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Thousands Flee Bangui After Church Attack

  • Lisa Schlein

Joseph Bendounga (C), a local opposition leader, speaks to a crowd of people angered by an attack on a church in central Bangui, May 29, 2014.

Joseph Bendounga (C), a local opposition leader, speaks to a crowd of people angered by an attack on a church in central Bangui, May 29, 2014.

The United Nations refugee agency reports thousands of people have fled a church in the Central African Republic capital in the aftermath of a lethal attack Wednesday.

UNHCR officials say at least 17 internally displaced people were killed and 27 others reportedly abducted by the assailants.
Map: Bangui, Central African Republic

Map: Bangui, Central African Republic

At the time of the attack, 9,000 internally displaced people were sheltering at Notre Dame de Fatima in Bangui.

The agency describes the attack as one of the worst on any site for Bangui's internally displaced individuals since the Muslim Seleka group was removed from power in January.

"This attack may mark a turning point as, until now, churches, monasteries, and mosques largely have been safe havens for people forced to flee their homes throughout the country," UNHCR spokeswoman Fatoumata Lejeune-Kaba said, noting that 32 out of 43 sites in Bangui that house the internally displaced are religious institutions.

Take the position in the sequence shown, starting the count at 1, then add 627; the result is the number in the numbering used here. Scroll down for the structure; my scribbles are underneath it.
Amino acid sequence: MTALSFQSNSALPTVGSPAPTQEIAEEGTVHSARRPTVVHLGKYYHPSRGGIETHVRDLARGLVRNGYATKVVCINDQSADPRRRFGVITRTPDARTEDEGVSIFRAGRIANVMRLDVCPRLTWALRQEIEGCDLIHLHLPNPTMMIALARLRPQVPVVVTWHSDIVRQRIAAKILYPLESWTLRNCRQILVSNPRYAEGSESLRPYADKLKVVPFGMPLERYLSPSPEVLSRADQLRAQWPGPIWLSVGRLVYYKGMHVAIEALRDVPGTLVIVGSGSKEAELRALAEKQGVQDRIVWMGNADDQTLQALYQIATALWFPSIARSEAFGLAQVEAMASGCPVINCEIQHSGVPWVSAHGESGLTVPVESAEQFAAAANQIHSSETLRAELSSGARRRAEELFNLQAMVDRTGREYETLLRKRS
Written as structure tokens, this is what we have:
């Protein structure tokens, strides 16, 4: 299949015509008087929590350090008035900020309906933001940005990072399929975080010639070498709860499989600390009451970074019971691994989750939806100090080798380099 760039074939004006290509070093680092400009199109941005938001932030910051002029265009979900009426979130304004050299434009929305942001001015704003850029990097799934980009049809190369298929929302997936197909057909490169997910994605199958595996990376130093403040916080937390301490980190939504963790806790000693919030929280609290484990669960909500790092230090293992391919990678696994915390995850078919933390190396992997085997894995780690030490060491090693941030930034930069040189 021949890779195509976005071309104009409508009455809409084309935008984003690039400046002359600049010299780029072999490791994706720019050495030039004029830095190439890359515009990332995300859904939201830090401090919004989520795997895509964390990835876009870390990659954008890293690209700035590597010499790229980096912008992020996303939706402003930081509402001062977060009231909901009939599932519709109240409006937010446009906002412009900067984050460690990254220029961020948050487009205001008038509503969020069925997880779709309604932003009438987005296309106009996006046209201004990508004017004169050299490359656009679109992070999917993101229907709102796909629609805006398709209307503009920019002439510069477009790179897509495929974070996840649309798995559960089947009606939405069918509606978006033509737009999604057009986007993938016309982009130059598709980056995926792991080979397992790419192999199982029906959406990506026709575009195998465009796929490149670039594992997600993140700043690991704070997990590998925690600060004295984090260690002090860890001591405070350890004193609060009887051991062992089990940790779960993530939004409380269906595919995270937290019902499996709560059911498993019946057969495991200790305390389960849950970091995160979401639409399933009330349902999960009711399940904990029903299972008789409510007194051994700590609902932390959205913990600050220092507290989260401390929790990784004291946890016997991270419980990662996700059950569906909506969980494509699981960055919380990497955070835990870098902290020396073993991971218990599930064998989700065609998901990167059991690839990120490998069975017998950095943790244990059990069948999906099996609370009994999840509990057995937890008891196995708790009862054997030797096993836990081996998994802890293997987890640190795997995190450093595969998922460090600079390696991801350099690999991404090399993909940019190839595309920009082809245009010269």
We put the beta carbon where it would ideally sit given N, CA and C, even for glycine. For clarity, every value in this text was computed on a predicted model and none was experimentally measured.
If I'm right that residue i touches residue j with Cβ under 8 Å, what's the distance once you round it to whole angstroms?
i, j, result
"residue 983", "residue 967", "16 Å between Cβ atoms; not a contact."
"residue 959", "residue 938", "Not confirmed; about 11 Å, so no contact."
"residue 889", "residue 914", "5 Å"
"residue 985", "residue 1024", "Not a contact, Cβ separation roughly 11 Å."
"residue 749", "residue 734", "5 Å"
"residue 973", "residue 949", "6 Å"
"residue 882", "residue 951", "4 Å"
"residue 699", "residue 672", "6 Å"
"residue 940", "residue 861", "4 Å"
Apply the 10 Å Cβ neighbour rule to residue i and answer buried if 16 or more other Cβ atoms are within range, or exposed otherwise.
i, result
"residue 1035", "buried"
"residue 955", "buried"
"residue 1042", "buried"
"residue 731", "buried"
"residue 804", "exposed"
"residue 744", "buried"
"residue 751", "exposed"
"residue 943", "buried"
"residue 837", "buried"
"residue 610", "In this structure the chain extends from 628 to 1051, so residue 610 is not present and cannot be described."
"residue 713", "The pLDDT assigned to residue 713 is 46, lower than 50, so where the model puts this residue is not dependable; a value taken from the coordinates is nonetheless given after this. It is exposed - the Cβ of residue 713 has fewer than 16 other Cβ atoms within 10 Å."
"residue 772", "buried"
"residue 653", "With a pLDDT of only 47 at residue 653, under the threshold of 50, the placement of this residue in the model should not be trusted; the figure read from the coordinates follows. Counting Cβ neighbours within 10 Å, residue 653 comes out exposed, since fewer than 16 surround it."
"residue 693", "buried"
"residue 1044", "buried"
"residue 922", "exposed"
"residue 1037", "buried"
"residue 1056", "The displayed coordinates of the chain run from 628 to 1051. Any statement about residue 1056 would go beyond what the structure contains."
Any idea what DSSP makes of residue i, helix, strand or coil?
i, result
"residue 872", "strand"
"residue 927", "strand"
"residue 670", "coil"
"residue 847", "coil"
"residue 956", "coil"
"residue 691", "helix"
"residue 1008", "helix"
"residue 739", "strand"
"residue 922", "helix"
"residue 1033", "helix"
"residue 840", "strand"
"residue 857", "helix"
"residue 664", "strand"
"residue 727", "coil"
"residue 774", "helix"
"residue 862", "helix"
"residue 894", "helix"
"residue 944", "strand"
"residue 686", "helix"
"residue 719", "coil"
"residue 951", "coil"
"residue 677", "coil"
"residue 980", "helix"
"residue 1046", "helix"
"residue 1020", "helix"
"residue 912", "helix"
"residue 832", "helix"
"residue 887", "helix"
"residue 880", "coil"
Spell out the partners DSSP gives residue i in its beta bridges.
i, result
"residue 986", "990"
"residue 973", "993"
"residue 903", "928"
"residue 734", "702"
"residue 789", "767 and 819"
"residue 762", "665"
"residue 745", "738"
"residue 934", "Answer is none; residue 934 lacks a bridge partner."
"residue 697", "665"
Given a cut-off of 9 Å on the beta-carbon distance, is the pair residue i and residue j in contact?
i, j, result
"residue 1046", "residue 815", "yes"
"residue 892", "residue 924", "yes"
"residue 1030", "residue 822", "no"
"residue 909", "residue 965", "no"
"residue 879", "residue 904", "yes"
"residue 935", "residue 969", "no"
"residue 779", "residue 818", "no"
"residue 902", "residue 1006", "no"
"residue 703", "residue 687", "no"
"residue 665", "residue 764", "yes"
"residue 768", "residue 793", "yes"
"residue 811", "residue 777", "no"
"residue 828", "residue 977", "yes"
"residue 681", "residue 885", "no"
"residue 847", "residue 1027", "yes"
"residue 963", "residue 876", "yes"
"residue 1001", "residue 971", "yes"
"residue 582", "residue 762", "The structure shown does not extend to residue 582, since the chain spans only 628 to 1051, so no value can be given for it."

Lejeune-Kaba said insecurity in the capital has increased drastically since Sunday, with several fatal attacks reported before inter-communal hostilities culminated with Wednesday's attack on Notre Dame de Fatima.

“Those who fled from Notre Dame de Fatima have either moved to the surrounding neighborhoods or southwards towards ten sites in Bangui and the adjacent area of Bimbo," she added. "Many fled without anything — no money, no food, not even a mat to sleep on. Others had bullet wounds that need to be attended to urgently. Compounding their hardship, the overcrowded IDP [internally displaced people] sites they moved face shortages in water, food, shelter and basic healthcare.”

Lejeune-Kaba says violence continues outside the capital, in other parts of C.A.R. She says Muslim ex-Seleka groups were behind bloody clashes that erupted in the town of Bambari last week. Unlike that situation where the identity of the assailants is known, she says nobody knows who attacked the church in Bangui.

She tells VOA that most Muslims have left the country, so Christian anti-Balaka groups, which have been attacking them, have lost their main target.

“What we had noticed then in the change of transit is that the violence still continued within IDP sites by the anti-Balaka on Christians, so it is not religiously motivated, but it seems like they have arms and they use that power over IDPs to get whatever they want," she said. "It is becoming more criminal.”

Most if not all of the civilians in the IDP site near the airport in Bangui are Christians, she said. Despite this, they are being attacked, abused, arbitrarily arrested and abducted for ransom by anti-Balaka elements, she said.

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